The San Antonio Spurs might be the best team in the NBA right now, while the Houston Rockets, their hosts for their Christmas showdown, are still looking for something to put them back on the track they’ve been on in recent years.
The Spurs have won seven in a row and 11 of their last 12. Kawhi Leonard might be the secret MVP of the league so far, playing like an All-Star, finally, every game. Not just his 21.1 points a night, but his defense is the best in the league, and not just for perimeter players. LaMarcus Aldridge and David West are fitting better and better into the machine, allowing Tim Duncan to play less and do less without it hurting the team in any way.
The Spurs are giving up just 92.9 points per 100 possessions, by far the best defense in the league. Their +14.2 net rating this season is second only to the Warriors, and no longer too far behind. At 25-5, it feels as if it’s only a matter of time before they’re neck and neck with Golden State for the best team in the league, no longer worried about would-be threats like the Rockets, another “one of the most disappointing” teams of this season.
The issue about the Houston Rockets is that for all of the “genius” moves by Daryl Morey, always based on analytics and brave gambles during the offseason to seize opportunities, it seems this team hit its ceiling last season. You can go only so far with Harden being your point man, doing things that have nothing to do with team basketball, and relying on having a good shooting day and refs giving him fouls. When your win and loss difference depends on him taking 15 free throw shots or more per game, then something is wrong.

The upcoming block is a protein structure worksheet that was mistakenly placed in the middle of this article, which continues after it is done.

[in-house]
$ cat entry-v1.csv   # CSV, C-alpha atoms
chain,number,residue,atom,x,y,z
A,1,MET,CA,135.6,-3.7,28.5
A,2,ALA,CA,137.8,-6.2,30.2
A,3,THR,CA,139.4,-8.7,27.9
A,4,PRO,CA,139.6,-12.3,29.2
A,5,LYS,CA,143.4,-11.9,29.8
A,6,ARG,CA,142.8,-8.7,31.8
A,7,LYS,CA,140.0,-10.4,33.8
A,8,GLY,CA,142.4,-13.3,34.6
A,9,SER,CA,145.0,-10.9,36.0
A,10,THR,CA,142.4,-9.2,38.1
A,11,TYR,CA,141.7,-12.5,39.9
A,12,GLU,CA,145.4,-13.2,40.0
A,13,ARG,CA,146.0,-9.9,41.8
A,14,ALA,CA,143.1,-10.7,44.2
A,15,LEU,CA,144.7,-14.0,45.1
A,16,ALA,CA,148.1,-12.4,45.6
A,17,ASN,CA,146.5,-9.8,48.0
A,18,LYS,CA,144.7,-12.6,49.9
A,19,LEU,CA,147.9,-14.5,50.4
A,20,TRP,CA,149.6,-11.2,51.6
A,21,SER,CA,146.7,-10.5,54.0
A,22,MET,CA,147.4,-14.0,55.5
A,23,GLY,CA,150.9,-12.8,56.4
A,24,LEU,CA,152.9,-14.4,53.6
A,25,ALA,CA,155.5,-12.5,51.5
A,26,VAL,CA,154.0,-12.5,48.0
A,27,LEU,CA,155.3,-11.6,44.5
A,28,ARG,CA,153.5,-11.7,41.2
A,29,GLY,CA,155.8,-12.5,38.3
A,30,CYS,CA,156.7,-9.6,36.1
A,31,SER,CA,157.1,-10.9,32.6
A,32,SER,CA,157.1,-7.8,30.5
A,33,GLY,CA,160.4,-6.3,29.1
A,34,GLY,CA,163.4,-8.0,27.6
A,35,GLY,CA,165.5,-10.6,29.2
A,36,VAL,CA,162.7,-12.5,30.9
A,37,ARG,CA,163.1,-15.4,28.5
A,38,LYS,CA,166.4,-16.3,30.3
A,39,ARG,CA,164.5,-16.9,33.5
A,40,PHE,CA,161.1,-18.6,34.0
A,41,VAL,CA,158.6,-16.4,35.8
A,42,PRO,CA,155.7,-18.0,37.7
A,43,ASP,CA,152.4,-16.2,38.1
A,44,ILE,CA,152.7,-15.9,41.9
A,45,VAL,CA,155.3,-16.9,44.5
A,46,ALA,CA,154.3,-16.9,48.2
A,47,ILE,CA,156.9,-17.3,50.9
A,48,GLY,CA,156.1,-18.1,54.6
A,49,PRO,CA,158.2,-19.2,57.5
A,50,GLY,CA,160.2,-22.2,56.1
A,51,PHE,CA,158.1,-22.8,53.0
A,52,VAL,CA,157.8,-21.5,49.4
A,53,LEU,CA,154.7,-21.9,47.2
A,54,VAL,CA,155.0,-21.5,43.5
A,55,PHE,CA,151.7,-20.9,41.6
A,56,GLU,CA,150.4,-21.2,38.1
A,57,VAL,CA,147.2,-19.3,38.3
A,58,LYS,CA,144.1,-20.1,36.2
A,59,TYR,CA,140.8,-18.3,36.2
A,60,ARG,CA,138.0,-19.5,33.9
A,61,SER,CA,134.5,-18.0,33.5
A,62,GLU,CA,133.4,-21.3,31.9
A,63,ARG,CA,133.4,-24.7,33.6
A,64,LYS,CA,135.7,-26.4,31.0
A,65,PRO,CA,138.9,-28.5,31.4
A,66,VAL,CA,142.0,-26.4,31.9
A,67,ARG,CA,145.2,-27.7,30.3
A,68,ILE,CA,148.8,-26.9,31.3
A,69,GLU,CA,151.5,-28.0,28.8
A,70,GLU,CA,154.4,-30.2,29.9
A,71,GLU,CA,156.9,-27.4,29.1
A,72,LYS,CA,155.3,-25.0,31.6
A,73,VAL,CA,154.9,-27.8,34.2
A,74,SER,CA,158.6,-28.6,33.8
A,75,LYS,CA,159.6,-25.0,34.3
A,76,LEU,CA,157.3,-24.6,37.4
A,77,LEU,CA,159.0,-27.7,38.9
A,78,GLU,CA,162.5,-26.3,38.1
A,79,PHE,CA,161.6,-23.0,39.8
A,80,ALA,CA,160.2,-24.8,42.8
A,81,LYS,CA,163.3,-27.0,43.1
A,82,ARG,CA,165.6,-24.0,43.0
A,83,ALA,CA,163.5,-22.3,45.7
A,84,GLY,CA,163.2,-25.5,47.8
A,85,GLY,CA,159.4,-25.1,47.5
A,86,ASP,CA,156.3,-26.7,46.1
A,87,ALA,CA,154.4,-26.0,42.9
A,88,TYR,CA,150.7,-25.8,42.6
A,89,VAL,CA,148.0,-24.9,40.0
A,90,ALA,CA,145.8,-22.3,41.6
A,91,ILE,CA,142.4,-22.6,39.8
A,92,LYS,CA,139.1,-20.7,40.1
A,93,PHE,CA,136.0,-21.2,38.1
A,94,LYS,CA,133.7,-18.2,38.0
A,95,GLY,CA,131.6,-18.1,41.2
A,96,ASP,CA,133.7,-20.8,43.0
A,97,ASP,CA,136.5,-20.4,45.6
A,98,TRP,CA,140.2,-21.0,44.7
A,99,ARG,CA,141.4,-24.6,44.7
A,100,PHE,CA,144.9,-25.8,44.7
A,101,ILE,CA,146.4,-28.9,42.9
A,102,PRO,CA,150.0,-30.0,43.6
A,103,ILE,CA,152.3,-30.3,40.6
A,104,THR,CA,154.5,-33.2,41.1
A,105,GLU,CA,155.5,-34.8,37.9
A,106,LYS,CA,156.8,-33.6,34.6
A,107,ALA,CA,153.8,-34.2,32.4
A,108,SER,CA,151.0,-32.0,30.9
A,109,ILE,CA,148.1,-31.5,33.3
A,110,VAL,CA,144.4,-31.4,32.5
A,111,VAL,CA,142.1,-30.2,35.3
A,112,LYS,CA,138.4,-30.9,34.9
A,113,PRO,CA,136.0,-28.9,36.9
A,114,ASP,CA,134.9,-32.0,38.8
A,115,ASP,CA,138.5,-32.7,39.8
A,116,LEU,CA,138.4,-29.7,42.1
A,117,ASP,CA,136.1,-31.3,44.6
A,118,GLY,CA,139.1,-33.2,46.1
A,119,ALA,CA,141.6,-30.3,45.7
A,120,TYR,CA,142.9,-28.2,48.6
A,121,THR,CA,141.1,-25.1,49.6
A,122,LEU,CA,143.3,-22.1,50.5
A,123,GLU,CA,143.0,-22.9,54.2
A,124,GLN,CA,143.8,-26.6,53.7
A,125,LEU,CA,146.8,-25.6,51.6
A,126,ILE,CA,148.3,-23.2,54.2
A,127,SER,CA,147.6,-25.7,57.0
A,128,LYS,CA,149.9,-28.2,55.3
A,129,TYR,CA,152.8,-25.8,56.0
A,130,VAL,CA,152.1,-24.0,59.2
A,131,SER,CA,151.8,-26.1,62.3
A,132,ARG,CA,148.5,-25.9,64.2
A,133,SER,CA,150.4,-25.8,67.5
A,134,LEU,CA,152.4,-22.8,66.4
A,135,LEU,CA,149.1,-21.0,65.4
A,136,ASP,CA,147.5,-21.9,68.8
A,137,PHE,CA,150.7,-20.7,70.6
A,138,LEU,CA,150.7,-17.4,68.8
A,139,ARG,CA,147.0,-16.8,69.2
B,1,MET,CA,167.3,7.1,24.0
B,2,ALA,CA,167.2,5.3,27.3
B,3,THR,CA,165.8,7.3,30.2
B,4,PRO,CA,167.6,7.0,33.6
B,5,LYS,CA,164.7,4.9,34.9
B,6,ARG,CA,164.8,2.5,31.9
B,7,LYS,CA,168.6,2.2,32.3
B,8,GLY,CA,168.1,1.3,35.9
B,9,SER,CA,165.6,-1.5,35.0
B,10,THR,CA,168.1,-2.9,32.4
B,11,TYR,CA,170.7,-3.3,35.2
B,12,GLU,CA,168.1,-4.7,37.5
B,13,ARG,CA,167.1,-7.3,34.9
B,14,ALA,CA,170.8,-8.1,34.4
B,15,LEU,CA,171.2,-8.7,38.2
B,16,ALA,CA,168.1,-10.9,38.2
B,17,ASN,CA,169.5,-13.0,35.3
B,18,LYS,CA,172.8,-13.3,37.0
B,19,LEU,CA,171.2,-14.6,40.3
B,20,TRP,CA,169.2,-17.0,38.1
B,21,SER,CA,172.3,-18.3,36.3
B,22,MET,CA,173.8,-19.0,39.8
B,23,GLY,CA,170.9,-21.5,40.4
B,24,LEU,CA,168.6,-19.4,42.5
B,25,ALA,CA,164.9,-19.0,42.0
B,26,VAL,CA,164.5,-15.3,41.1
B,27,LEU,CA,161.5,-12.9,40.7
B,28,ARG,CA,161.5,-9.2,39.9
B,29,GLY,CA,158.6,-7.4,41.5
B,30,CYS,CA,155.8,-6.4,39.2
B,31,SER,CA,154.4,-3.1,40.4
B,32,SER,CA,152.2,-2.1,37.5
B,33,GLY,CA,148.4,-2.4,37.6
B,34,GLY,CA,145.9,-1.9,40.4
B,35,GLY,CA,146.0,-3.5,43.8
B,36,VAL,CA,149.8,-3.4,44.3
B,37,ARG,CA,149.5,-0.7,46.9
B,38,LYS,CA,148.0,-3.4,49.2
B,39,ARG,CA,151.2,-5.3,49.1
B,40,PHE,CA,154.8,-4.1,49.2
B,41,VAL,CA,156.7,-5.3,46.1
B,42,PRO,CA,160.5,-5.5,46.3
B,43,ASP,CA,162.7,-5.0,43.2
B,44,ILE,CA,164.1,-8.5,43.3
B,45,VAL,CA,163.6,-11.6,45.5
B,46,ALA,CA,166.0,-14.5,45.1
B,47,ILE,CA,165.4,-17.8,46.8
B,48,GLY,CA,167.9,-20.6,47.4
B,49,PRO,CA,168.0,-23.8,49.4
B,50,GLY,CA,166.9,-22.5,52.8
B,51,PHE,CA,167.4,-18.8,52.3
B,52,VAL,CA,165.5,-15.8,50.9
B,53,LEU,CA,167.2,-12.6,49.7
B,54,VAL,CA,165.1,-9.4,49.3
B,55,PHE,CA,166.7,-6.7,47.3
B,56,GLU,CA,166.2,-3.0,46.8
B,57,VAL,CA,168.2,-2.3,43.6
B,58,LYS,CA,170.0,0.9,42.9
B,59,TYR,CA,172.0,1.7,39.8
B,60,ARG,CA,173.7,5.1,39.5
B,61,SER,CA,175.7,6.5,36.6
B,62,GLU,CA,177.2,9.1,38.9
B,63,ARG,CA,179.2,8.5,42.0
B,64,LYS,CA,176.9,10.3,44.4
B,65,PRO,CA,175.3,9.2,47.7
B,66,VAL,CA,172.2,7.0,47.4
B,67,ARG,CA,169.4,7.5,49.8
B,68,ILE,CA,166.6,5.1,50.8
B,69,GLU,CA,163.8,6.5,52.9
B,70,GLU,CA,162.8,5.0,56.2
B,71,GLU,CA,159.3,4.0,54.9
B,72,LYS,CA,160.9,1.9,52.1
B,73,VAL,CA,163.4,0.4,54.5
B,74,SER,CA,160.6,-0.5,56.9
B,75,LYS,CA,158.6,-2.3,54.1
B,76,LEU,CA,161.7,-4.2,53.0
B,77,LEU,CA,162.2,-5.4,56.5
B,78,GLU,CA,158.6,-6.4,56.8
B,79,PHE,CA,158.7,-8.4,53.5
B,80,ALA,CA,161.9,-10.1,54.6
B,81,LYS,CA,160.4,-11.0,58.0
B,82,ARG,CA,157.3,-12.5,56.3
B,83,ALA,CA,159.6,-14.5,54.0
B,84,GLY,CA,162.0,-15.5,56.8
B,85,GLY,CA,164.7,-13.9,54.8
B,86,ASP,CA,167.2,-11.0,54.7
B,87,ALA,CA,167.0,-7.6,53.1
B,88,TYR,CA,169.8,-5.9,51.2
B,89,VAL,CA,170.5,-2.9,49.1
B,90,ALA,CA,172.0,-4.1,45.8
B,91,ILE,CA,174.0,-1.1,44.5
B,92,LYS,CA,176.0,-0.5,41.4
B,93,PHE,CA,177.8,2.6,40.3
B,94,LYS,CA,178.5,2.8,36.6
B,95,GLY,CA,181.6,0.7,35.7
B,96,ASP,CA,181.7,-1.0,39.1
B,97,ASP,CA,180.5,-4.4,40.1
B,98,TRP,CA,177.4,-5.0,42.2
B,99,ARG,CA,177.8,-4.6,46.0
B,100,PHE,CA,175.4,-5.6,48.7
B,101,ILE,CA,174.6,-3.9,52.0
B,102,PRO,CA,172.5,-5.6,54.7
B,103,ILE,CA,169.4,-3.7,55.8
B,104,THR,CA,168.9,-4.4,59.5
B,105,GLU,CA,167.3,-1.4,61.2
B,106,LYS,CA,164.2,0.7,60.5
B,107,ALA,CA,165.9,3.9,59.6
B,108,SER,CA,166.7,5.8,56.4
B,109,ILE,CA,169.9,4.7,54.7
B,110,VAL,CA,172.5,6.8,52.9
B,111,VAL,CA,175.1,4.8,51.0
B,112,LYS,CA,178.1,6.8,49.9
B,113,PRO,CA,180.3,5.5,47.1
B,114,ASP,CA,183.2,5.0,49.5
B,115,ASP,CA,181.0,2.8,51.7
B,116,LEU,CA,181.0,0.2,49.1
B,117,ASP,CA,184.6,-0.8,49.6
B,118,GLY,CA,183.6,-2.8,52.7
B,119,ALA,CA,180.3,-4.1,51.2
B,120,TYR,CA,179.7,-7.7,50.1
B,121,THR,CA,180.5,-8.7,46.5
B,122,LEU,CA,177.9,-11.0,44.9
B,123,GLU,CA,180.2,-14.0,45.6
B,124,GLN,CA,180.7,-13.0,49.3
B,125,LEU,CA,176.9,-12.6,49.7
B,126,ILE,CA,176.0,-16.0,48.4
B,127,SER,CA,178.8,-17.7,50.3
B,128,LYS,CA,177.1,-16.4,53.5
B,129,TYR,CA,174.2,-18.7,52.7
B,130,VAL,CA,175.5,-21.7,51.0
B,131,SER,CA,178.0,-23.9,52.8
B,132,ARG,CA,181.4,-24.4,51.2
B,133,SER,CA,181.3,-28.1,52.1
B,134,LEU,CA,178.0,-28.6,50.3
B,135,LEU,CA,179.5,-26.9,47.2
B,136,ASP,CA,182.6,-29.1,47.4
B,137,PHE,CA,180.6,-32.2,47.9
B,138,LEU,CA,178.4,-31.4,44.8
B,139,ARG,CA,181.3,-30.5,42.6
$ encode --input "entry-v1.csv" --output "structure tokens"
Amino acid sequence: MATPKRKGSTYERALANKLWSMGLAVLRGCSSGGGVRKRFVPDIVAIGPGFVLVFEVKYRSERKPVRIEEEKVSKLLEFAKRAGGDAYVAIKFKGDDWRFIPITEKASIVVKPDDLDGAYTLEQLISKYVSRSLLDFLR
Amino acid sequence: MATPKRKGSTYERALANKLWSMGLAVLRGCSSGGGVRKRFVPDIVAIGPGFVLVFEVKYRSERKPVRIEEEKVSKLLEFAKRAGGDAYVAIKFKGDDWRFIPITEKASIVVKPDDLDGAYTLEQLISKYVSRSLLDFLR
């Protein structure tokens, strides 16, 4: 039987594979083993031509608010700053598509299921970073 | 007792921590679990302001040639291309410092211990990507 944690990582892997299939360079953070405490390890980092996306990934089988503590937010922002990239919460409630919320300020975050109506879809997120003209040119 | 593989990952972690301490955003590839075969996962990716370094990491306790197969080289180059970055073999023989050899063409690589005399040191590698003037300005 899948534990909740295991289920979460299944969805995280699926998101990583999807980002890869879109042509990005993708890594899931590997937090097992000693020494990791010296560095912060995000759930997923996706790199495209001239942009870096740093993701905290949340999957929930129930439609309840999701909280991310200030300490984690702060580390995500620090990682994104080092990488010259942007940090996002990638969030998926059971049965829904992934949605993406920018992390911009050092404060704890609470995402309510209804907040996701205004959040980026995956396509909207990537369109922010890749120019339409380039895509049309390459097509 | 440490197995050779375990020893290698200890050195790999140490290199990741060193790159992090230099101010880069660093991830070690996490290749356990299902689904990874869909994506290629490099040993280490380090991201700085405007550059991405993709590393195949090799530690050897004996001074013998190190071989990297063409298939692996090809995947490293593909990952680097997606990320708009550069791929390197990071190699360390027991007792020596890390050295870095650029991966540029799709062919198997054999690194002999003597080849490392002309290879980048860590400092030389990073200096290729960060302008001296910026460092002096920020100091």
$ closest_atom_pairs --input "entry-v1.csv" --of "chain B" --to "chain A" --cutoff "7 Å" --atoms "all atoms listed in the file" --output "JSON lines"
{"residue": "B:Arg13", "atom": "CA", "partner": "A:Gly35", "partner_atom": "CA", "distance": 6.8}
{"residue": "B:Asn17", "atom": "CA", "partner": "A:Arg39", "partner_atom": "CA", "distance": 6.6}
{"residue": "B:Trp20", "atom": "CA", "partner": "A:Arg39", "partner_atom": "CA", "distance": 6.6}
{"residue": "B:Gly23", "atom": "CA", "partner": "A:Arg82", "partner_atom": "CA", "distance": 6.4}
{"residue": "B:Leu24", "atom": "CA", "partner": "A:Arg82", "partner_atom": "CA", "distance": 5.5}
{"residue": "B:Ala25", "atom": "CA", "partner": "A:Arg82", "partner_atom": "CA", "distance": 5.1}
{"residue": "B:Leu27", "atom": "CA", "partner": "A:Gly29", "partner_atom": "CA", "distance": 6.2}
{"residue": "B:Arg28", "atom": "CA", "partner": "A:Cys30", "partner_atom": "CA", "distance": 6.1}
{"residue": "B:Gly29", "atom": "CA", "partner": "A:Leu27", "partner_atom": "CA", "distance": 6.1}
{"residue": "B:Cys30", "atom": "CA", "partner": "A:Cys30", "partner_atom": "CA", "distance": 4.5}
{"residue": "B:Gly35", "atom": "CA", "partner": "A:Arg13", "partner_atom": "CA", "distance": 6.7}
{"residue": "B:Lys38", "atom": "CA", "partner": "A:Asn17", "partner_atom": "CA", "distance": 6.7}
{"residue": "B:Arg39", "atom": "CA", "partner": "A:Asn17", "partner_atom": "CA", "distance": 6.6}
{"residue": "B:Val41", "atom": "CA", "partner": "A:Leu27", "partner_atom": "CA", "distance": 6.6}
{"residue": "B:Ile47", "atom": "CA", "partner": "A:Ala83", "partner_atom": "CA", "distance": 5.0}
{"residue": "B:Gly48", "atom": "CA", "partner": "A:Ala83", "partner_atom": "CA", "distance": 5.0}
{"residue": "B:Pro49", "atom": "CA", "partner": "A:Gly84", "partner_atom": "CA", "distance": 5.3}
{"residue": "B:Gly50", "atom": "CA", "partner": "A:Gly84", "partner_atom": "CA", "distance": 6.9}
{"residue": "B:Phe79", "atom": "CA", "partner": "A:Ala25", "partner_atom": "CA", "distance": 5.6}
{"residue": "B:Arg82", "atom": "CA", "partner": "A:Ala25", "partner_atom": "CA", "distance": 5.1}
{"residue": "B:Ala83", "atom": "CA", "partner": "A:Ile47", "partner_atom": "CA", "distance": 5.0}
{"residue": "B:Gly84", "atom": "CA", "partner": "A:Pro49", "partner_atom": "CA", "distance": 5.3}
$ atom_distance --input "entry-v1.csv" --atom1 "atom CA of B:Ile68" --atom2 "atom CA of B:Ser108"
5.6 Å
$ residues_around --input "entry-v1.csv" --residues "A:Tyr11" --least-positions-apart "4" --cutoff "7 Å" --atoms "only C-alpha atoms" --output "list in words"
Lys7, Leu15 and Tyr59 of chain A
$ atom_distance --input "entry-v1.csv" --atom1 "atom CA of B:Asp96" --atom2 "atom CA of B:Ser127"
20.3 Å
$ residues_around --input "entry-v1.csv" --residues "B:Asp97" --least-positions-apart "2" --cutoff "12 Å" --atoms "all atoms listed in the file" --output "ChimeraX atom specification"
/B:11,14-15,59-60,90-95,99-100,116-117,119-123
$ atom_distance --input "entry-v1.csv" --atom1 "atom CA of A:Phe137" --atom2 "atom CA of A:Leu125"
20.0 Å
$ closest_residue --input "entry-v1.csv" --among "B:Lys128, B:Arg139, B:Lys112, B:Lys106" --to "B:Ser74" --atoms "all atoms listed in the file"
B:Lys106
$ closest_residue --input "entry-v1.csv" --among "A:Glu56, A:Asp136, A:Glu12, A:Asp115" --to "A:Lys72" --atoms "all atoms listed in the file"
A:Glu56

The Ty Lawson thing simply didn’t work. Lawson can’t function next to a guard that takes away all the possessions, and playing off the bench hasn’t helped clear up enough minutes and possessions for him. The Rockets are losing by 5.4 points per 100 possessions when he’s on the floor, and are 6.5 points per 100 possessions better when he’s not playing at all than during his minutes. He’s averaging just 8.7 points per 36 minutes, about half of his career average.
Dwight Howard might be the most important player to focus on. Why? Because the Rockets are giving up 104.5 points per 100 possessions, with only 7 other teams worse than them. Howard is no longer consistent. His good days usually mean wins. His bad or sluggish days? He can’t keep up with all the holes on the perimeter left by James Harden, and although playing him and Clint Capela together has helped sort out some of the issues, it feels like there are just too few moments of him being truly dominant in order for the Rockets to thrive.
Prediction: If the Spurs don’t let Harden and Howard get into a rhythm early in the game, they’re not going to lose. They’ve been struggling against Houston in recent years, but this Spurs team is too varied and good to be thwarted by some mismatch problem.